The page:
Columbia SC GATS...

Well that was a disappontment. Only about 15 vendors, with mostly standard
stuff. The prices weren't bad, tending between 15% - 25% below retail. The
5 layouts were okay, but again nothing spectacular, just pretty much farily
plain roundy roundy's. The Lionel layout did have a fair amount of their
powered accessories that the kids could power through buttons on the outer
I was surprised at how many of the vendors there were selling nothing but
stock from hobby shops that had gone out of business. Very little vintage
or brass to be found in HO, though there was a small amount of vintage and
antique tin and clockwork. Only one vendor had any European stuff at all,
none of it in great shape. One guy said he had decided NOT to sell at this
GATS because they were charging $70 a table! I was also amazed how many
blank looks I got from vendors when asking about Northeast corridor
electrics, interesting MOW equipment or any small switchers.
Crowd seemed small, probably less than 100 people there when we were there
and the mood seemed almost depressed.
Well at least we got a piece of MOW we needed and some nice research books
for not horrible (but not great) prices.
Reply to
Dale Kramer
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Like I always say, Dixie is not a hotbed of Model Railroad activity. South Carolina is a desert within a desert. Add to that the impression I have that GATS in in the crapper and you have the stage set for an underwhelming experience.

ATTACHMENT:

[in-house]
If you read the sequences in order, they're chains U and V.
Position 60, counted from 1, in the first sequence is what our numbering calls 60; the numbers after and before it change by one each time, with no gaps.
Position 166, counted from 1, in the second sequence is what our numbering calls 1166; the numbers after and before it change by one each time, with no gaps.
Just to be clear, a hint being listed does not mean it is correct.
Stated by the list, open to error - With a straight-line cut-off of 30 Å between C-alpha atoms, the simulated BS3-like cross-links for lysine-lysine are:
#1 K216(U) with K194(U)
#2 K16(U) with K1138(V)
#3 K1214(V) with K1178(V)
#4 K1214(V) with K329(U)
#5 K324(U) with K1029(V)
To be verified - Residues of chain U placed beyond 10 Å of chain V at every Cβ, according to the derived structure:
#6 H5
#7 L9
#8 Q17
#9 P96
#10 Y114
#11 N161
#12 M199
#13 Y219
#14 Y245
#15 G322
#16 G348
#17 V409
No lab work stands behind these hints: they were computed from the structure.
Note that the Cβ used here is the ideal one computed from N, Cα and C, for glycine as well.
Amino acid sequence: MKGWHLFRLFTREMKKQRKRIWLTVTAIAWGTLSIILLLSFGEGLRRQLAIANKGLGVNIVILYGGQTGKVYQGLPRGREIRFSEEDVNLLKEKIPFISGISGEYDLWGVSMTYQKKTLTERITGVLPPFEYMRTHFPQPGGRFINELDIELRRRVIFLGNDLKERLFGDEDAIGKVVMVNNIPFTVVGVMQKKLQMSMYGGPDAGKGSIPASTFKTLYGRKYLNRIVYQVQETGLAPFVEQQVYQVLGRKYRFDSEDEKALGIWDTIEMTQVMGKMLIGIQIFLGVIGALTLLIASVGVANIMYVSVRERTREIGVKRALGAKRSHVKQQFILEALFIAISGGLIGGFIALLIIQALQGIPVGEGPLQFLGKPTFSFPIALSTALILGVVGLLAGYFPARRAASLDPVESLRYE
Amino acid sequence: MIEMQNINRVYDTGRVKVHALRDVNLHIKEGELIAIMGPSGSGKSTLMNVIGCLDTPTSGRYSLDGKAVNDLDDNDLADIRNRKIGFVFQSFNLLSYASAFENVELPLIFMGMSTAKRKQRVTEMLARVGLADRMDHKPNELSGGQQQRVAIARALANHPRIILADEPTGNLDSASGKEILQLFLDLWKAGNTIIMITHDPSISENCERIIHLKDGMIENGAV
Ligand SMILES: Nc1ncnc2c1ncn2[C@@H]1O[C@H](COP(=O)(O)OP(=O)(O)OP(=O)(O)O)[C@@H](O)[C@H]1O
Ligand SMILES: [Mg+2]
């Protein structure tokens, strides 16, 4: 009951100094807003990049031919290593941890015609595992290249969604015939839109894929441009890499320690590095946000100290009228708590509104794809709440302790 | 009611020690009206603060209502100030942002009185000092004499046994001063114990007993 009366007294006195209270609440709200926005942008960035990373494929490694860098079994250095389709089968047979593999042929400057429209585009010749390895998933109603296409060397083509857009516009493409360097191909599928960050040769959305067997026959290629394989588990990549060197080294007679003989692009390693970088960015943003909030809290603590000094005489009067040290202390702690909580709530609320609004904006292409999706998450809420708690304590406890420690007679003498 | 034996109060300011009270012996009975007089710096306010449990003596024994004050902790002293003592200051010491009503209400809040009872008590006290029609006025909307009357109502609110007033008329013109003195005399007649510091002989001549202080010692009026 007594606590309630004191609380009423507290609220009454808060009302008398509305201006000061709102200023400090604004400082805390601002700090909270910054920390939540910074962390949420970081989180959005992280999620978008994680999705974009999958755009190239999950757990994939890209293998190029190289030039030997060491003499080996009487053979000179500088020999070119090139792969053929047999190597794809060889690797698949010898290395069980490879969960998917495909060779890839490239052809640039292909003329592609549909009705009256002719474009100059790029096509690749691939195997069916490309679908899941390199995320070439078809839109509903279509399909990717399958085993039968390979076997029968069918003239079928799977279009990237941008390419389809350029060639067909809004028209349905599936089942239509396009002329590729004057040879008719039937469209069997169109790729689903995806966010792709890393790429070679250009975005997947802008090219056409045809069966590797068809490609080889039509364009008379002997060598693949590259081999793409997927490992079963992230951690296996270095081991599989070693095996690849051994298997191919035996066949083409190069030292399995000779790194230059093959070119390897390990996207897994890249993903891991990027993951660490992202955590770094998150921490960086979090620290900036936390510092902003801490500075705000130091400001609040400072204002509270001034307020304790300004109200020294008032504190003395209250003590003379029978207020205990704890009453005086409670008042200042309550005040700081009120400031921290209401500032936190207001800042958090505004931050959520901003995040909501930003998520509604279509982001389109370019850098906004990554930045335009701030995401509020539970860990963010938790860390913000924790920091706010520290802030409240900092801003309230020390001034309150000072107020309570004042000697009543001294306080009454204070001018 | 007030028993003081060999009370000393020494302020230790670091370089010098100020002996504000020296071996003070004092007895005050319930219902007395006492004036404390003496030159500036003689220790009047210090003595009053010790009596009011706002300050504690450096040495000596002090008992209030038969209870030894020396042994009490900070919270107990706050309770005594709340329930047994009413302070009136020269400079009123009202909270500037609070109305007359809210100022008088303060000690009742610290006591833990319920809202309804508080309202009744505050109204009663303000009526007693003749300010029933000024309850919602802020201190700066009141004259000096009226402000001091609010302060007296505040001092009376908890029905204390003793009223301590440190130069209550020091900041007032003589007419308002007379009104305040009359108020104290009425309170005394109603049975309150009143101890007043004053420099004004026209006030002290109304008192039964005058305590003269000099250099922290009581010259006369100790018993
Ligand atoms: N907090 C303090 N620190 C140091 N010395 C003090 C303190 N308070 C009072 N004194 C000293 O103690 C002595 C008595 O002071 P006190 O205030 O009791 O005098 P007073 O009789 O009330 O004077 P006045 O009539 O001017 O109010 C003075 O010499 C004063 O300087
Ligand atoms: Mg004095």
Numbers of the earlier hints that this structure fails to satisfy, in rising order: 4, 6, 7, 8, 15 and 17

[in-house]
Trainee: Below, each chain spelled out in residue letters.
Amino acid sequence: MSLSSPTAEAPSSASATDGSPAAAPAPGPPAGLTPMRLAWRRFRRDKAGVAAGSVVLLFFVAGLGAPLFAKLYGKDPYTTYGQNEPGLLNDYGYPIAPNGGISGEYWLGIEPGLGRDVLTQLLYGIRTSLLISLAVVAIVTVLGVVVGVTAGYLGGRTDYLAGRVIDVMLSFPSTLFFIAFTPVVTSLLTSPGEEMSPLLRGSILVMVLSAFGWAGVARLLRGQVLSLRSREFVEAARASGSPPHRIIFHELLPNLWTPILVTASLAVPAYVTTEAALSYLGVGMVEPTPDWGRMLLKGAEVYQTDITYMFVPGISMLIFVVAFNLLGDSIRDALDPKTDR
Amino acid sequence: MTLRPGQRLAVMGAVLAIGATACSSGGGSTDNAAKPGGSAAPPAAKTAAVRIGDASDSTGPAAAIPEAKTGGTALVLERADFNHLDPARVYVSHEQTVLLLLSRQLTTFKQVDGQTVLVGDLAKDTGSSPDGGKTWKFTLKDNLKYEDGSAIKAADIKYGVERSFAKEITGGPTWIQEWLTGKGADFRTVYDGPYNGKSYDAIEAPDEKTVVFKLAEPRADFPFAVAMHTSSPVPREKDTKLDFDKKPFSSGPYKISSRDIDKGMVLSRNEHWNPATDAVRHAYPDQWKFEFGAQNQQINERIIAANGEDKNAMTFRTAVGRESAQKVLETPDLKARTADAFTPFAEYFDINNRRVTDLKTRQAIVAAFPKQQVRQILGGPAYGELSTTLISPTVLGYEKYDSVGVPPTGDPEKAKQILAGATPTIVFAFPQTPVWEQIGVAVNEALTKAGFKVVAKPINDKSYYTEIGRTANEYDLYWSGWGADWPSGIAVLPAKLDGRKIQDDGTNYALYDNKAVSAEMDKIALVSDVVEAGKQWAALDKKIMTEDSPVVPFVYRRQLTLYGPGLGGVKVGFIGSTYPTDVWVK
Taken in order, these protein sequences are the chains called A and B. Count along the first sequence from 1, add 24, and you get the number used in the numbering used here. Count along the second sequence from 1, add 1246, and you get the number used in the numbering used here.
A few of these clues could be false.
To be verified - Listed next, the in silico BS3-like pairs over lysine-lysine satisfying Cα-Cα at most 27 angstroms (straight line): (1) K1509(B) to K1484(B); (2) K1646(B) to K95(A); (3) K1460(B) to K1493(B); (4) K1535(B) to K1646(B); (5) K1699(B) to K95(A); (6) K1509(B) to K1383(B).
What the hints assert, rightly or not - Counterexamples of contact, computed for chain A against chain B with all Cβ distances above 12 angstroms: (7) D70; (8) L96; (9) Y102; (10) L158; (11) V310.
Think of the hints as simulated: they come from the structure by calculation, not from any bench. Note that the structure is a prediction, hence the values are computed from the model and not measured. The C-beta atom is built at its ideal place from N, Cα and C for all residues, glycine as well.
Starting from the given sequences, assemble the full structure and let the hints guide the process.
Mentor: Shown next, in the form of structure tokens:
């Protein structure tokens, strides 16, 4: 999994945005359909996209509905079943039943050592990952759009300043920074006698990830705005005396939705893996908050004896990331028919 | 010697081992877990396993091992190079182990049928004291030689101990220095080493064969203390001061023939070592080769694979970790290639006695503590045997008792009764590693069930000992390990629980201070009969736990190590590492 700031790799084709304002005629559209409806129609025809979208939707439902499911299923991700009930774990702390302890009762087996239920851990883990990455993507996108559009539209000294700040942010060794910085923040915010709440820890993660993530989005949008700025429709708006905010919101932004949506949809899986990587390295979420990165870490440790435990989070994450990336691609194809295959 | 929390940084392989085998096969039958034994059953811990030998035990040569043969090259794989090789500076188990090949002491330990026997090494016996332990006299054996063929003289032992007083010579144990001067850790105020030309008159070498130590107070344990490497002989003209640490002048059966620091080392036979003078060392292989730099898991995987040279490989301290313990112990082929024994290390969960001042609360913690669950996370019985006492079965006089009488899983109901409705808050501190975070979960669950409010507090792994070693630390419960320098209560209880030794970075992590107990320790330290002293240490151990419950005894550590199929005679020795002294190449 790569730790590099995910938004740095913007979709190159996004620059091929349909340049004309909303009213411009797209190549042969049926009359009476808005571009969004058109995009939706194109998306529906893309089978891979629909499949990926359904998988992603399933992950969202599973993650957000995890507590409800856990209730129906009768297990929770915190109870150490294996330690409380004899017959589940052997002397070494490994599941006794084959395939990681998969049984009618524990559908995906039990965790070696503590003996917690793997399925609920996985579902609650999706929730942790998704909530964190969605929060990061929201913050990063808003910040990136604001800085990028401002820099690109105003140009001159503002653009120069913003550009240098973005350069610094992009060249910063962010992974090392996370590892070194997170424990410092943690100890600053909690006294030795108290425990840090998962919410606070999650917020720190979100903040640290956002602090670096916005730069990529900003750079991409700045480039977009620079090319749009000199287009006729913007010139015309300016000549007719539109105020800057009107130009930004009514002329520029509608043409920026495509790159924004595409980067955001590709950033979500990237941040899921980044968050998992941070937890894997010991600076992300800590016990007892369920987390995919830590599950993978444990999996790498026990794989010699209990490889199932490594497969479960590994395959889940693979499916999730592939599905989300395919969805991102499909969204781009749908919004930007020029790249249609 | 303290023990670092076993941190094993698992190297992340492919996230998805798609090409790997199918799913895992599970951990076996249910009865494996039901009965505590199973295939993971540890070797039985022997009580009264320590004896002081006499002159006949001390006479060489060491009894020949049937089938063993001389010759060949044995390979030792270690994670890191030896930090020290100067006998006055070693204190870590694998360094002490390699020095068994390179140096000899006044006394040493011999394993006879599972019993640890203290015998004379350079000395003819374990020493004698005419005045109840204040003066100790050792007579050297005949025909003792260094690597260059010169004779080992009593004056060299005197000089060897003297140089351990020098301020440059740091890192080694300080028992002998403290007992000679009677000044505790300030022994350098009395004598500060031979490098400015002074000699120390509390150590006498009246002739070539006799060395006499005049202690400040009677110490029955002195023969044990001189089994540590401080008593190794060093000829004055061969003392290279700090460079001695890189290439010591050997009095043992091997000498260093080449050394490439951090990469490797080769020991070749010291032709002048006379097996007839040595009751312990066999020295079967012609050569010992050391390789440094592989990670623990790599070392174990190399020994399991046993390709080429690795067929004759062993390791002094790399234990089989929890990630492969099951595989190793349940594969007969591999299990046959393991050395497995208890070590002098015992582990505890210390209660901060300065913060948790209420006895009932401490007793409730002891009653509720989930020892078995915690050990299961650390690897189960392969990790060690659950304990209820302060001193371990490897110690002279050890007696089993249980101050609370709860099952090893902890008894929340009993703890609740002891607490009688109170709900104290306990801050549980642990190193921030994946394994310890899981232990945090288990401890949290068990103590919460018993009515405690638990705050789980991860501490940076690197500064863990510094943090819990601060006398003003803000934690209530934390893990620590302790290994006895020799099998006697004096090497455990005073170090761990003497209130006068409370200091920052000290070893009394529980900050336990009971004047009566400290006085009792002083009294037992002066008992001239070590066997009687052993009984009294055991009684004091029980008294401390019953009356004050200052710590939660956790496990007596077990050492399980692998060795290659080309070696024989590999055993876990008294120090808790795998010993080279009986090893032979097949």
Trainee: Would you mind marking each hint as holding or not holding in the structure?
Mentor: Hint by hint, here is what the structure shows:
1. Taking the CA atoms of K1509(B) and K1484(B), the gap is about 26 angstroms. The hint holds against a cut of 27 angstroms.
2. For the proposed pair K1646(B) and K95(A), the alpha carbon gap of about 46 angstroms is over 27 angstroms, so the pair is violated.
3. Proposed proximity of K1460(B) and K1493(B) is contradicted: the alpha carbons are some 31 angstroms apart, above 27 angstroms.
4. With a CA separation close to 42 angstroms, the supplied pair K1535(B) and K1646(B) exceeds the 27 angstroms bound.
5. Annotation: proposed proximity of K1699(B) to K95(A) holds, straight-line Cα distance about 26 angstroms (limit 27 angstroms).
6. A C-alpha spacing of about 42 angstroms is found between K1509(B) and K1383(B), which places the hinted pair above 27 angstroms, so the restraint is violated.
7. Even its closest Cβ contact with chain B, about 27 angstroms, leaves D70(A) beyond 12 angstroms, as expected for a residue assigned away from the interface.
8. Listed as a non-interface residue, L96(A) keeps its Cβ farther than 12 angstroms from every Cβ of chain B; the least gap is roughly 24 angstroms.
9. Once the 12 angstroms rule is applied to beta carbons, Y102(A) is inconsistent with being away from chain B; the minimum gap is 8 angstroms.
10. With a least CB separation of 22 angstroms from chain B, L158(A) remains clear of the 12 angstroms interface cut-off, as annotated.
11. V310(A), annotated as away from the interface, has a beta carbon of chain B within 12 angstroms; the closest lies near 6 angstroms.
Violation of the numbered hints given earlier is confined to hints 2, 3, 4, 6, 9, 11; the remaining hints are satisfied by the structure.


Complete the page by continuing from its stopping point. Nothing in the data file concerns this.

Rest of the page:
If you want to go to a good train show (in the USA) go to one that is in a city that has a major league baseball team. Work it out for yourself and you will see. The cities that have major league baseball teams are mostly the best model railroading cities. Atlanta, St Louis, Milwaukee, Denver, San Francisco, Philadelphia; think about it. American League cities are listed on another newsgroup:
.............F> Playball, GA.
Reply to
In article , by dropped his wrench, scratched his head and mumbled,
Week before last I was in Columbia. When it can time to leave, I cruised down to the RR station to train watch. Just as I was ready to leave a southbound CSX unit coal drag pulls up and stops. Since the train was parked next to the passenger shed, I walked forward toward the head end. As I approached the engines the engineer walked back and asked if I wanted to see the cab. We climbed aboard and talked about trains for about half an hour until he got a clear signal to the yard below.
Model railroading may be weak in Dixie, but the RR employees know how to treat a rail fan.
Bob -- The goal of driving is to miss the maximum possible number of objects.
Reply to
We had plans to hit the big Atlanta show, but one of my nephews decided that was a good weekend to get married. Gah, don't you hate being a responsible adult sometimes!
Reply to
Dale Kramer
As we were coming back from the show we got stopped at a crossing by a CSX coal consist. The strange thing was only 1/2 the cars seemed to have full loads. The whole rear 1/2 of hoppers didn't have any visible load. I'm used to the huge coal consists that come into Newport News and those are always piled high.
Reply to
Dale Kramer
I think there were a few more of us than that, but it was a smaller GATS. I guess you must have missed my tables. Ain't much standard about what I carry.
Although the N scale layout was small (they must be a new group) one of the modules - a rock quarry, was one of the best, most realistic I've seen in any scale. If you missed it, you missed a gem.
Hmmmm. Three tables AND electricity cost me $157 total.
Saturday morning was quite crowded, but both afternoons were small, as happens at any show. Trust me, I've seen worse.
Mike Tennent "IronPenguin"
Reply to
Mike Tennent
We were looking for HO so I must admit we skipped the N scale and large scale booths. About the time we got past the first couple layouts hubby was rushing me a bit to get home so I must have missed the detail on the N scale layout.
Reply to
Dale Kramer
Anyone going to have pics of this on line?
Reply to
E Litella

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